Same idea as bit-stuffing, but operates on bytes instead of bits.
Use reserved characters to indicate the start and end of a frame. For instance, use the two-character sequence DLE STX (Data-Link Escape, Start of TeXt) to signal the beginning of a frame, and the sequence DLE ETX (End of TeXt) to flag the frame's end.
Problem: What happens if the two-character sequence DLE ETX happens to appear in the frame itself?
Solution: Use character stuffing; within the frame, replace every occurrence of DLE with the two-character sequence DLE DLE. The receiver reverses the processes, replacing every occurrence of DLE DLE with a single DLE.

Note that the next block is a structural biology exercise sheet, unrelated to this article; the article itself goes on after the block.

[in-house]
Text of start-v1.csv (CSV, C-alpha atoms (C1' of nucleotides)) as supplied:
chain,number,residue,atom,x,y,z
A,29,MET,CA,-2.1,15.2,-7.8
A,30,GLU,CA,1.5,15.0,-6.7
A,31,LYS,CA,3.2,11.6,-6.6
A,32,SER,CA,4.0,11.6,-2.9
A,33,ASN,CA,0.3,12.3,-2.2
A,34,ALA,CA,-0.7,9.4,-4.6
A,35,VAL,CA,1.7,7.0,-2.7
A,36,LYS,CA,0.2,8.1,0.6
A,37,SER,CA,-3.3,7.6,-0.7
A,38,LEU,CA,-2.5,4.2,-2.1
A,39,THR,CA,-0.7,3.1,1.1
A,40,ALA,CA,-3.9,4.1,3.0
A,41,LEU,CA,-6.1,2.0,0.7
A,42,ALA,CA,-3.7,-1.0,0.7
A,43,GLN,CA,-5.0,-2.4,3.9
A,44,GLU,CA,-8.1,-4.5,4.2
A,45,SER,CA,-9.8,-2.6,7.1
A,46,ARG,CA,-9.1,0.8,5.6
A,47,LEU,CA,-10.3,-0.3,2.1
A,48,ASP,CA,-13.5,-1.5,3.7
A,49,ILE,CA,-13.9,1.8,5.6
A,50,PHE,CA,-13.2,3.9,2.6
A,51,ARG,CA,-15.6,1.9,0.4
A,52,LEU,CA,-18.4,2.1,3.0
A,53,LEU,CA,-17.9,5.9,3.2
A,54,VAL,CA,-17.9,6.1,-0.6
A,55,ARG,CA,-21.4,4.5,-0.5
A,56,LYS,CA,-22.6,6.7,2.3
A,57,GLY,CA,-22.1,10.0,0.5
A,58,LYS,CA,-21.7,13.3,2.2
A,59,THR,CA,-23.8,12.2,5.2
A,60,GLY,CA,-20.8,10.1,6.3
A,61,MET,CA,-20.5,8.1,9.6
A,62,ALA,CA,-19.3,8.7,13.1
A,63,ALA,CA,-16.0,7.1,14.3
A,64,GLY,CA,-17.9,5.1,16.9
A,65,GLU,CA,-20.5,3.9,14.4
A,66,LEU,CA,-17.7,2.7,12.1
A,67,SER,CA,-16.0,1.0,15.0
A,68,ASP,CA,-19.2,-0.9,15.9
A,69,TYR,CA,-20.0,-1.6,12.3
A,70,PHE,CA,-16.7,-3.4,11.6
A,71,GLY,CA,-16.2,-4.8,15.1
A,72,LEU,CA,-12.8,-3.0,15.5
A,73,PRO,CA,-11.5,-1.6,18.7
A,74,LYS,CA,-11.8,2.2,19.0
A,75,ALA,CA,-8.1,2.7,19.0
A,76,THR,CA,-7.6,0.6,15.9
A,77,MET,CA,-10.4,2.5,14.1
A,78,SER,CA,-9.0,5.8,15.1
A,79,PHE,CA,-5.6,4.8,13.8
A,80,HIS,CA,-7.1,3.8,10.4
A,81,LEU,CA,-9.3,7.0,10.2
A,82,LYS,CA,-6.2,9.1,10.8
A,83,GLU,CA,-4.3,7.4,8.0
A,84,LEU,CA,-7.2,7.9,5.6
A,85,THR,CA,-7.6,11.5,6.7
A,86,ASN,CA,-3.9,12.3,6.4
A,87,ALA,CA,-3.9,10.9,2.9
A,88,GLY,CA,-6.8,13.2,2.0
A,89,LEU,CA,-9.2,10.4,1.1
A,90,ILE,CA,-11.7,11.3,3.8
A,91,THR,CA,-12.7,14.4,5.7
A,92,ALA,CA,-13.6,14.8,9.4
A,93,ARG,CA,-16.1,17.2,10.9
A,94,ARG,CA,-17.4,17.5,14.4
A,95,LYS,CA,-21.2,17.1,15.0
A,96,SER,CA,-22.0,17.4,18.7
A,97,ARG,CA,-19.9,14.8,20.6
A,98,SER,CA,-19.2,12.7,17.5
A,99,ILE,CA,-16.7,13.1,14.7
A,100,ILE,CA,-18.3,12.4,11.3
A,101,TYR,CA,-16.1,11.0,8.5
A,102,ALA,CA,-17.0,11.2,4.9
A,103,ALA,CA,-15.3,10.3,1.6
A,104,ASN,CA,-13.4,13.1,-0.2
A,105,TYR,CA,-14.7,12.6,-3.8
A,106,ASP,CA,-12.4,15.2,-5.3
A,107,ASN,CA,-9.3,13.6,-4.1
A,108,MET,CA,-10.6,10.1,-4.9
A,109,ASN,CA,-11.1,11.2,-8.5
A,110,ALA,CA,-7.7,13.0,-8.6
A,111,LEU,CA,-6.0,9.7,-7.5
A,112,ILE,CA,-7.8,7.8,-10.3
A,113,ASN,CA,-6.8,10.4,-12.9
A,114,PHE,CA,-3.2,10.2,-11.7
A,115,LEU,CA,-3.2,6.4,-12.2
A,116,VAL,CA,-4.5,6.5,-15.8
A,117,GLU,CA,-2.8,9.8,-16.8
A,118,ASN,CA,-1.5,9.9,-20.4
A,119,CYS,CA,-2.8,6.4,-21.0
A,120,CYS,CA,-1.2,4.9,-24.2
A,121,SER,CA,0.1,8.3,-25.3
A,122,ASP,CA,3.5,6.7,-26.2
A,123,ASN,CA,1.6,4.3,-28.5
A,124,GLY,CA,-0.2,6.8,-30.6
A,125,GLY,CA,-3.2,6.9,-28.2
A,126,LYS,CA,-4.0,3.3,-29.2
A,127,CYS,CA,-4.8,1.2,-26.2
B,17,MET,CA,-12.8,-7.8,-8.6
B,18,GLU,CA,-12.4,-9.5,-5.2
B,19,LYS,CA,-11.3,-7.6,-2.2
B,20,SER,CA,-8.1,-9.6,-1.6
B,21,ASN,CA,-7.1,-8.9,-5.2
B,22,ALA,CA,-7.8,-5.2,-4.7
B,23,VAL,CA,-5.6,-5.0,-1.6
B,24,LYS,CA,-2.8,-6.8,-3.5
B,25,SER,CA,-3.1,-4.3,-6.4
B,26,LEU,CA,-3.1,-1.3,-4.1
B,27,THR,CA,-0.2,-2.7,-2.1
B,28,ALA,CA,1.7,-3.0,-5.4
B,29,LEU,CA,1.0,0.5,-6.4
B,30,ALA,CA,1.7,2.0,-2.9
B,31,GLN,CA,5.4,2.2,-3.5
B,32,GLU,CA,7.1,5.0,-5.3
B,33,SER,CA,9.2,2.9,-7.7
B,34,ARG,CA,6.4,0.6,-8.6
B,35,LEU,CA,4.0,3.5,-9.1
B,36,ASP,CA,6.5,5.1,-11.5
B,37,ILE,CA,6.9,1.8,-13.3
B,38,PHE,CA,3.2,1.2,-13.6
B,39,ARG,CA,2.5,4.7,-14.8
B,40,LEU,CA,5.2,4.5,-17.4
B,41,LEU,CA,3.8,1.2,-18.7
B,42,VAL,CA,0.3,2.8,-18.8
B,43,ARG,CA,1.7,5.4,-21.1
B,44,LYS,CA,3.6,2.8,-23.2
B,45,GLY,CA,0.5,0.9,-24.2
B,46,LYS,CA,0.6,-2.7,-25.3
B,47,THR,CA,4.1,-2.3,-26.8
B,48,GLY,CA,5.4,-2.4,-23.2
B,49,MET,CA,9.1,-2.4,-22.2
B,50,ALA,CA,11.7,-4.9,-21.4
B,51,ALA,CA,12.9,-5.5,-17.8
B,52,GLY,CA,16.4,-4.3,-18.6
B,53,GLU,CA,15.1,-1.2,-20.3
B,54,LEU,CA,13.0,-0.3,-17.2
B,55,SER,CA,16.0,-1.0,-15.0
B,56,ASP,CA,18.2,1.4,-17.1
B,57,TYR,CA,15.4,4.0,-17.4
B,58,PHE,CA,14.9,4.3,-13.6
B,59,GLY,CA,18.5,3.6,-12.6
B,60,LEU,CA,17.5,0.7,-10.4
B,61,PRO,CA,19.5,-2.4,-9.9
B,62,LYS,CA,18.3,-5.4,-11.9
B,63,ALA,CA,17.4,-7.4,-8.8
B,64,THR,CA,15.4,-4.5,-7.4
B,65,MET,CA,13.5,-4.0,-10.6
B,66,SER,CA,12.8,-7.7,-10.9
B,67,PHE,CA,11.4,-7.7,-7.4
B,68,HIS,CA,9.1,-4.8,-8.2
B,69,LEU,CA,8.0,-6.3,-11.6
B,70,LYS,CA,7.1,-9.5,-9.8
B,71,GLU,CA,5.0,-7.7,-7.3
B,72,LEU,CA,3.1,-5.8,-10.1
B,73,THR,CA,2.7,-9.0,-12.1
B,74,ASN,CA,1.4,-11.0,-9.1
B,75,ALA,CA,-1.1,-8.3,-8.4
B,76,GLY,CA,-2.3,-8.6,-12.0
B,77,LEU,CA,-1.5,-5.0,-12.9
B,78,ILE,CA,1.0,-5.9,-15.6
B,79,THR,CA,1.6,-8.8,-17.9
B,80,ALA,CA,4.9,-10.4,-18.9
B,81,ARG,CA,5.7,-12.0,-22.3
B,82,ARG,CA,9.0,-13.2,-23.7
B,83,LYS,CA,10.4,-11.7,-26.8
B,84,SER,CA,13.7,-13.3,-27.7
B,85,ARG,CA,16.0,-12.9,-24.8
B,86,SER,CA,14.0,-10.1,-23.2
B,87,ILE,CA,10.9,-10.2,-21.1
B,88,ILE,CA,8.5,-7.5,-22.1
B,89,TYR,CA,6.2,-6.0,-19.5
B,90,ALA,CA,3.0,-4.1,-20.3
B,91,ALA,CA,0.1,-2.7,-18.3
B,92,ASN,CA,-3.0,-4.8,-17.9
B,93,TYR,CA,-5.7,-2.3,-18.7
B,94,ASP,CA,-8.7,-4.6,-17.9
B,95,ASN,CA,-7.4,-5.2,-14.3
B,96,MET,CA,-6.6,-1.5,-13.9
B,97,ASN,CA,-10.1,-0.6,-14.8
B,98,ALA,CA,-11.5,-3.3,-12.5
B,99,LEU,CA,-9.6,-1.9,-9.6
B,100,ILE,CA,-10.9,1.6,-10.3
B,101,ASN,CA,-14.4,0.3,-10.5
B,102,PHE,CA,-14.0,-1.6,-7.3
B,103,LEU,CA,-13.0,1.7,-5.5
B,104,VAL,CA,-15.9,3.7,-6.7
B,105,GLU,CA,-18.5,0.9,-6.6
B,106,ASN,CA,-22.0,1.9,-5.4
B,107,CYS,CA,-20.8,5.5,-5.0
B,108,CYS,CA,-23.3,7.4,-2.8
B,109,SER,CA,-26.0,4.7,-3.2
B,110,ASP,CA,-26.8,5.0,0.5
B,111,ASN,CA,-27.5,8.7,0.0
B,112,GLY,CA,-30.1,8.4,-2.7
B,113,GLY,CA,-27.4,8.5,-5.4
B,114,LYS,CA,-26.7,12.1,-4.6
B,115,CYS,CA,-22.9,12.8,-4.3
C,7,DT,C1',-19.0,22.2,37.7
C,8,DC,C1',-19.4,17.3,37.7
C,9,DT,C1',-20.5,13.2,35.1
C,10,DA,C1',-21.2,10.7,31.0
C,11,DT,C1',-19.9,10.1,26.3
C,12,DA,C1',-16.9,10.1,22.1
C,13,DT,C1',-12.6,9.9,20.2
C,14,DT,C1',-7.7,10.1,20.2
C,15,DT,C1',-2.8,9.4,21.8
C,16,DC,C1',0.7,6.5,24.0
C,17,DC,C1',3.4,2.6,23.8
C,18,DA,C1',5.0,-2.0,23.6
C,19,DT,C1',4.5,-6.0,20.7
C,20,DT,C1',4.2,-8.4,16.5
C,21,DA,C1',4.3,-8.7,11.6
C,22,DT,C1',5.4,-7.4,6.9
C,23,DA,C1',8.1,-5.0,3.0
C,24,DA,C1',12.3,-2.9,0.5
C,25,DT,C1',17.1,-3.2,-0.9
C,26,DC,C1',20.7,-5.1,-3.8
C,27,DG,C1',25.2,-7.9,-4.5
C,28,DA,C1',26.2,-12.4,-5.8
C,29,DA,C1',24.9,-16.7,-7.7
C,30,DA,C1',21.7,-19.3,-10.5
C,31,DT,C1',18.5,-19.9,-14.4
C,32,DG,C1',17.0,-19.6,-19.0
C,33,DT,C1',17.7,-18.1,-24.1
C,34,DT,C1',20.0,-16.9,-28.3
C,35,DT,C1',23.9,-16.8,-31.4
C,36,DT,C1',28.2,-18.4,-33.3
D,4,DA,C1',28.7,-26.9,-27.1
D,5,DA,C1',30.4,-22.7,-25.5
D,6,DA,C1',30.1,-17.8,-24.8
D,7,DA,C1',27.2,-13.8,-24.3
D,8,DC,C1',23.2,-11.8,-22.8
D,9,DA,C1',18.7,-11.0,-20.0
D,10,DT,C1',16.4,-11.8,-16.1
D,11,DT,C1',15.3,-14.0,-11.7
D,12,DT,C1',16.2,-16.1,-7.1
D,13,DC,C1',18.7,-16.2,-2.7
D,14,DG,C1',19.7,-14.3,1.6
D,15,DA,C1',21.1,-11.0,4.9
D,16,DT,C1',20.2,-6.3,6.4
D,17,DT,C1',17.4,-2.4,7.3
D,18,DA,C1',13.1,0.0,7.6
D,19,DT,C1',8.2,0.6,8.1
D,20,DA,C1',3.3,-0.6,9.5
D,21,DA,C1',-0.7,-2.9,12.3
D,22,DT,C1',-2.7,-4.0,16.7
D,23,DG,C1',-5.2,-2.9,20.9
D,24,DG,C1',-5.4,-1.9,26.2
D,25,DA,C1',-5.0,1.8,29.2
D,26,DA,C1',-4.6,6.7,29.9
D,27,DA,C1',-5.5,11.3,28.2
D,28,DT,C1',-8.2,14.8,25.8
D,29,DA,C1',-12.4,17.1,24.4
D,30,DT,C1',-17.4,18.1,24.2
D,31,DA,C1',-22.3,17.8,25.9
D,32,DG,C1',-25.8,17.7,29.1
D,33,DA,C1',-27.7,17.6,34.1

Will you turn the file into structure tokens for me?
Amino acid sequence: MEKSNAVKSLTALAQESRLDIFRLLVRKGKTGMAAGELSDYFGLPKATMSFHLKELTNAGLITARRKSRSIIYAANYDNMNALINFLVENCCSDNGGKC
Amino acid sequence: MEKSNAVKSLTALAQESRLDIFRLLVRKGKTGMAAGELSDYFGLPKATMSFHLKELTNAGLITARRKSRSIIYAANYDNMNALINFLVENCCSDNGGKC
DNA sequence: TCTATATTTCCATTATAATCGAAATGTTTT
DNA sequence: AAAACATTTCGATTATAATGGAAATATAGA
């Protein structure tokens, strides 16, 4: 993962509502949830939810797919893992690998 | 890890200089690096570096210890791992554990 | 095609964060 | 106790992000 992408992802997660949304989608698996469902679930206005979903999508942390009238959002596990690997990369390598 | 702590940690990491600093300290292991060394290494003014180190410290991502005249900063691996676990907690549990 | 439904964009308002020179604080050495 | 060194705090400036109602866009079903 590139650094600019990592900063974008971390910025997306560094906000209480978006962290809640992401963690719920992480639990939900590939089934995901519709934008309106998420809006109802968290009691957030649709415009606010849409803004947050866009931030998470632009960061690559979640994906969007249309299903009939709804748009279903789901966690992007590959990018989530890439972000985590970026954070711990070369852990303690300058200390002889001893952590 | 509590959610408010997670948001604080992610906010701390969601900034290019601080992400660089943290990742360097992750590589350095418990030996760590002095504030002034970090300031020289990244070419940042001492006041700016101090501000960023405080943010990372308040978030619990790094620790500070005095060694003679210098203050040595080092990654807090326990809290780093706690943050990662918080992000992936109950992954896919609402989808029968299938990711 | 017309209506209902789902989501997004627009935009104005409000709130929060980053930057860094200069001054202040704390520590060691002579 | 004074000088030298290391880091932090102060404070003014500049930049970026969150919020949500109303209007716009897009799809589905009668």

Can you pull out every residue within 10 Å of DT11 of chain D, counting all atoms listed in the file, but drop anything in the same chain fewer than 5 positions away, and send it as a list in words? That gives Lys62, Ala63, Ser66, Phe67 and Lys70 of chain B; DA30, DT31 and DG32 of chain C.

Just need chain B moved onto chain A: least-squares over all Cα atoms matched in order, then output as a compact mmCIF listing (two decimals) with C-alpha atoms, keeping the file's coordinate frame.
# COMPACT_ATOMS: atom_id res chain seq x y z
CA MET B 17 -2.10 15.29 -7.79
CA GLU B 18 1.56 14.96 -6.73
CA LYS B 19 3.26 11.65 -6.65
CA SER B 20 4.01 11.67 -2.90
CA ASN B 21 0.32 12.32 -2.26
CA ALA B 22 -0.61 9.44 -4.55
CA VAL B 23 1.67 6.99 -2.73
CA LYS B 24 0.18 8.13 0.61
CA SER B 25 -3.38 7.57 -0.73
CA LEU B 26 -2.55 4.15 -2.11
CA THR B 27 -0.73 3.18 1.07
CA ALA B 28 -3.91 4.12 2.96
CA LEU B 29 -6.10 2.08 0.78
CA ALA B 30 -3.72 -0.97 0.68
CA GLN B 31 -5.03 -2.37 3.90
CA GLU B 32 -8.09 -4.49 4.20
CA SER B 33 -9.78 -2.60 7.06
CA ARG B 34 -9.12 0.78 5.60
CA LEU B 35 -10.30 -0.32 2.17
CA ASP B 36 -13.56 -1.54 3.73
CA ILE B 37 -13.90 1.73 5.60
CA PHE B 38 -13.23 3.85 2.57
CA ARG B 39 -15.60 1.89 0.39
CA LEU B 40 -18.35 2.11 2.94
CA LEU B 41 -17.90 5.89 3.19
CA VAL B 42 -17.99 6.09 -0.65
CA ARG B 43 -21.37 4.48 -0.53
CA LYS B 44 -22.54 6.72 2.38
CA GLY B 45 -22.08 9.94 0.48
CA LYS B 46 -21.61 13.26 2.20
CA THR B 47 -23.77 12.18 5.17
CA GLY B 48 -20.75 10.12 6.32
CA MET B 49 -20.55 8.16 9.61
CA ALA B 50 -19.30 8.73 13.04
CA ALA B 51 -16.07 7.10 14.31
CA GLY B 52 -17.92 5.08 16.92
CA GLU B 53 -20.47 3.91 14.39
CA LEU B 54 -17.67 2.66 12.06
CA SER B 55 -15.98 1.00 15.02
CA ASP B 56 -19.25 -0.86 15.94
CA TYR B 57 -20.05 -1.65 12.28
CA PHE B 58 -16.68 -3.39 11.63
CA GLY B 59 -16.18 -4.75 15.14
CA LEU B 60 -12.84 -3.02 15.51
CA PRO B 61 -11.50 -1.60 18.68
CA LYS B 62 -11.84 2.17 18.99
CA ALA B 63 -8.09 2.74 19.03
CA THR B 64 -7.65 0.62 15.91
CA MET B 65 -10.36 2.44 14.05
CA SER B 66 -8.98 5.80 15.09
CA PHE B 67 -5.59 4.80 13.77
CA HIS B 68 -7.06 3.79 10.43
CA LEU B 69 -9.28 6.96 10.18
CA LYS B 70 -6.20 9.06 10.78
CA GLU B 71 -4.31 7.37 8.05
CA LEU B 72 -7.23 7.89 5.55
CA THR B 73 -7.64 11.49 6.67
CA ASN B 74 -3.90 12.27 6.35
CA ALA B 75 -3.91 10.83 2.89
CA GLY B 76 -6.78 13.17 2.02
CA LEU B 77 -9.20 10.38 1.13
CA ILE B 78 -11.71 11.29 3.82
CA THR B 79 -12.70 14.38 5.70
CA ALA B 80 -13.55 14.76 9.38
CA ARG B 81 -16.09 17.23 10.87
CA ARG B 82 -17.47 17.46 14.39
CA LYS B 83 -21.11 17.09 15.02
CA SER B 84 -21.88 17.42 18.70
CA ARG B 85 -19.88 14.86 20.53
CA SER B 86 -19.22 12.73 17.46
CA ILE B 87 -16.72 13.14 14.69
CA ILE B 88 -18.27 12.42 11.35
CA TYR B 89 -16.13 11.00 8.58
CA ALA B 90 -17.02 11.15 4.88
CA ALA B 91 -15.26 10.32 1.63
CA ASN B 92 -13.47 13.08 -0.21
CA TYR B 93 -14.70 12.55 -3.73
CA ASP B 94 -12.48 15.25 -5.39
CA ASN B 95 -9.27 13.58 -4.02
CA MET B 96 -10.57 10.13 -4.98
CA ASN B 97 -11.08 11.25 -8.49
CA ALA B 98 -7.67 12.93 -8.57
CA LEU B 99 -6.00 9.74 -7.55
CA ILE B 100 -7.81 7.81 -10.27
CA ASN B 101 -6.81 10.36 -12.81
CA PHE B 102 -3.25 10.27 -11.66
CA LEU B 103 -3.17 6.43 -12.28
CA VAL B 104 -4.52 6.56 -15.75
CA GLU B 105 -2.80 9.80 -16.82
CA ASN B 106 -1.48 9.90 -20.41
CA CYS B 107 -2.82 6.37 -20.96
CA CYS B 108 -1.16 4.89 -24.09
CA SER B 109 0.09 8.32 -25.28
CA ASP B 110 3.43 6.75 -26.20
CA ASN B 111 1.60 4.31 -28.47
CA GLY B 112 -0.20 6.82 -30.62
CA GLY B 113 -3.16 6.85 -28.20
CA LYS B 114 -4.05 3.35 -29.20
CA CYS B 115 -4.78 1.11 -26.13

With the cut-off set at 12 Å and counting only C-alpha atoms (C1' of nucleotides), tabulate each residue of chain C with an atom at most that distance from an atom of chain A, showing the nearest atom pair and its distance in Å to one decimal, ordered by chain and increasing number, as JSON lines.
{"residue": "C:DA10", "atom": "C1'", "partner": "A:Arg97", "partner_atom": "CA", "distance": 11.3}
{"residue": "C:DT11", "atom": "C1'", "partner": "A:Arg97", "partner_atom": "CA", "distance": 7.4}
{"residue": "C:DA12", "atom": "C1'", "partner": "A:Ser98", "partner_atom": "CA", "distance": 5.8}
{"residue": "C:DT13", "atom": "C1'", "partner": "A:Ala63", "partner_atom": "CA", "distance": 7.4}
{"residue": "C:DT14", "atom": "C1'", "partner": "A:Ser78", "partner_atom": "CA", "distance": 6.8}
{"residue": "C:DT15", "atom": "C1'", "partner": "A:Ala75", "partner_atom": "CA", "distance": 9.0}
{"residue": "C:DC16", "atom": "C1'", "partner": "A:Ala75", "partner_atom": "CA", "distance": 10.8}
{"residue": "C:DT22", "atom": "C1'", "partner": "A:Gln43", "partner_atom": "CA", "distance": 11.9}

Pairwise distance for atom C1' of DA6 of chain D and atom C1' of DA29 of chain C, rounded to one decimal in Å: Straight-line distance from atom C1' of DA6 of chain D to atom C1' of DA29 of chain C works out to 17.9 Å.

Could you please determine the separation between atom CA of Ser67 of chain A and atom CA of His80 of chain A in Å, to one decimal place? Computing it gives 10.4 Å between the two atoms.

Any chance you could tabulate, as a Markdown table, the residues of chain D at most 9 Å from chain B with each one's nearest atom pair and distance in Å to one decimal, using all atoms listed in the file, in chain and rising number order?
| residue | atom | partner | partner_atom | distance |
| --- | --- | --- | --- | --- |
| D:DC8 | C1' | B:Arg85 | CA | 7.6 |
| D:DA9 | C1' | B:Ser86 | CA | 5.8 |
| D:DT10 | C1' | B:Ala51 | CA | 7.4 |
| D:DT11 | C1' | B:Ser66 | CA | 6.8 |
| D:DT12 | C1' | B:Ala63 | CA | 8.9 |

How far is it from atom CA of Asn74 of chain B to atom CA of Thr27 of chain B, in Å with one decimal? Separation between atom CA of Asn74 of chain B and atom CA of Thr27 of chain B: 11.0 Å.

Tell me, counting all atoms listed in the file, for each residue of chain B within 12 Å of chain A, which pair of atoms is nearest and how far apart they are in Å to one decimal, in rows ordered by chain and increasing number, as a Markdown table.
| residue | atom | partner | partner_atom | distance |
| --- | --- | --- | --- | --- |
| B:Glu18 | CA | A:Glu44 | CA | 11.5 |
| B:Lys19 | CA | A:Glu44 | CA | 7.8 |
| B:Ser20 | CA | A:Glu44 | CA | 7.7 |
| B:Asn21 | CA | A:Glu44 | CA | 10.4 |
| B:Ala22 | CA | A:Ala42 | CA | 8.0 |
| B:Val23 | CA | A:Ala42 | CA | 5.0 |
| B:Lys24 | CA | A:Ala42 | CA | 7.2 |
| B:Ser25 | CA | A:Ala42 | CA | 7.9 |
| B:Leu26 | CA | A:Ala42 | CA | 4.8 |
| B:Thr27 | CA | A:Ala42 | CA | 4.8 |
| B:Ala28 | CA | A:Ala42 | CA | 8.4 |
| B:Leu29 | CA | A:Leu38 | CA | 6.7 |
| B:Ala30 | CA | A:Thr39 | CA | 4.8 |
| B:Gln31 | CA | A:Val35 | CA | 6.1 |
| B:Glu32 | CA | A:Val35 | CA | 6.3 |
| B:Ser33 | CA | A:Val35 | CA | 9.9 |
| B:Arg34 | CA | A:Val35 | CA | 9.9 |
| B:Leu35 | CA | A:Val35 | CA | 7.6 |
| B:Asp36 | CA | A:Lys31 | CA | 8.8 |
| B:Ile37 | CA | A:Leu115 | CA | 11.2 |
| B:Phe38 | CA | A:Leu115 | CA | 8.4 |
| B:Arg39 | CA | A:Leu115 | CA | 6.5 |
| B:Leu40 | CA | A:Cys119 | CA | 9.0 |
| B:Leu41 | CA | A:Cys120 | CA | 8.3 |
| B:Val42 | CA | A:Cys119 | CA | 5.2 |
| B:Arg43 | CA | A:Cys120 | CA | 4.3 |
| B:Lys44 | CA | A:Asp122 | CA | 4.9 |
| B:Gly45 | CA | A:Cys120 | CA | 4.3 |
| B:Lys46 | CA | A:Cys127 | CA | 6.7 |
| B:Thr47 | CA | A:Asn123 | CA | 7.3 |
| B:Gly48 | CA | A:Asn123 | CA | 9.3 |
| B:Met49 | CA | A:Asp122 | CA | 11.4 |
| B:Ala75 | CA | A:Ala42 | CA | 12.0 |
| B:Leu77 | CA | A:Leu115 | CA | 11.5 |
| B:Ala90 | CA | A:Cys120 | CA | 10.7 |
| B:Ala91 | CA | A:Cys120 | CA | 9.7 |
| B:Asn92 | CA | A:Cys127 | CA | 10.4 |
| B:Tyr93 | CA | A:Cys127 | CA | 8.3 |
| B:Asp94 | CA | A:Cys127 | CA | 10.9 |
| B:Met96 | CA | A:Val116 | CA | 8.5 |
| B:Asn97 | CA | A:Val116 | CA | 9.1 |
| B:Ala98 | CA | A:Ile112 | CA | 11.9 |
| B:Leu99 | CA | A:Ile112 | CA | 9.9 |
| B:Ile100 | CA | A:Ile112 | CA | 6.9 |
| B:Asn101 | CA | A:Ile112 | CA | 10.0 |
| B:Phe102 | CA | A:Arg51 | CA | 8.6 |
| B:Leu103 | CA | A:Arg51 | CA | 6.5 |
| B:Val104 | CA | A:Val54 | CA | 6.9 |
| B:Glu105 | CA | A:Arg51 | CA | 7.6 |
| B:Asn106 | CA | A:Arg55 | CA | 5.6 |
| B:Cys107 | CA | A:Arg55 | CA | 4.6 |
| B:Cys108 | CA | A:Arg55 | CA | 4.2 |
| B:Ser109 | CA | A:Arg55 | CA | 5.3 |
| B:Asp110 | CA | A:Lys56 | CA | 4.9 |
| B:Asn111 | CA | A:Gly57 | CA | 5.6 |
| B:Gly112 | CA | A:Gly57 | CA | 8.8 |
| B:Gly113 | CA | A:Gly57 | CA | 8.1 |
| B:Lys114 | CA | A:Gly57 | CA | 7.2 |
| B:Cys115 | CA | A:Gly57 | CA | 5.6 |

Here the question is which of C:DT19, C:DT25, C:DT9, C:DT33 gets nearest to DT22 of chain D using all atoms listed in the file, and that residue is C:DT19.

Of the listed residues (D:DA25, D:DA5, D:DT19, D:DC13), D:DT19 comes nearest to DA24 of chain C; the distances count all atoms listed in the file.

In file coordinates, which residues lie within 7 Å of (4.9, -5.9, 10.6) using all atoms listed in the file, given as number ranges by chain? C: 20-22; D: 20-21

Example: If the frame contained ``A B DLE D E DLE'', the characters transmitted over the channel would be ``DLE STX A B DLE DLE D E DLE DLE DLE ETX''.
Disadvantage: character is the smallest unit that can be operated on; not all architectures are byte oriented.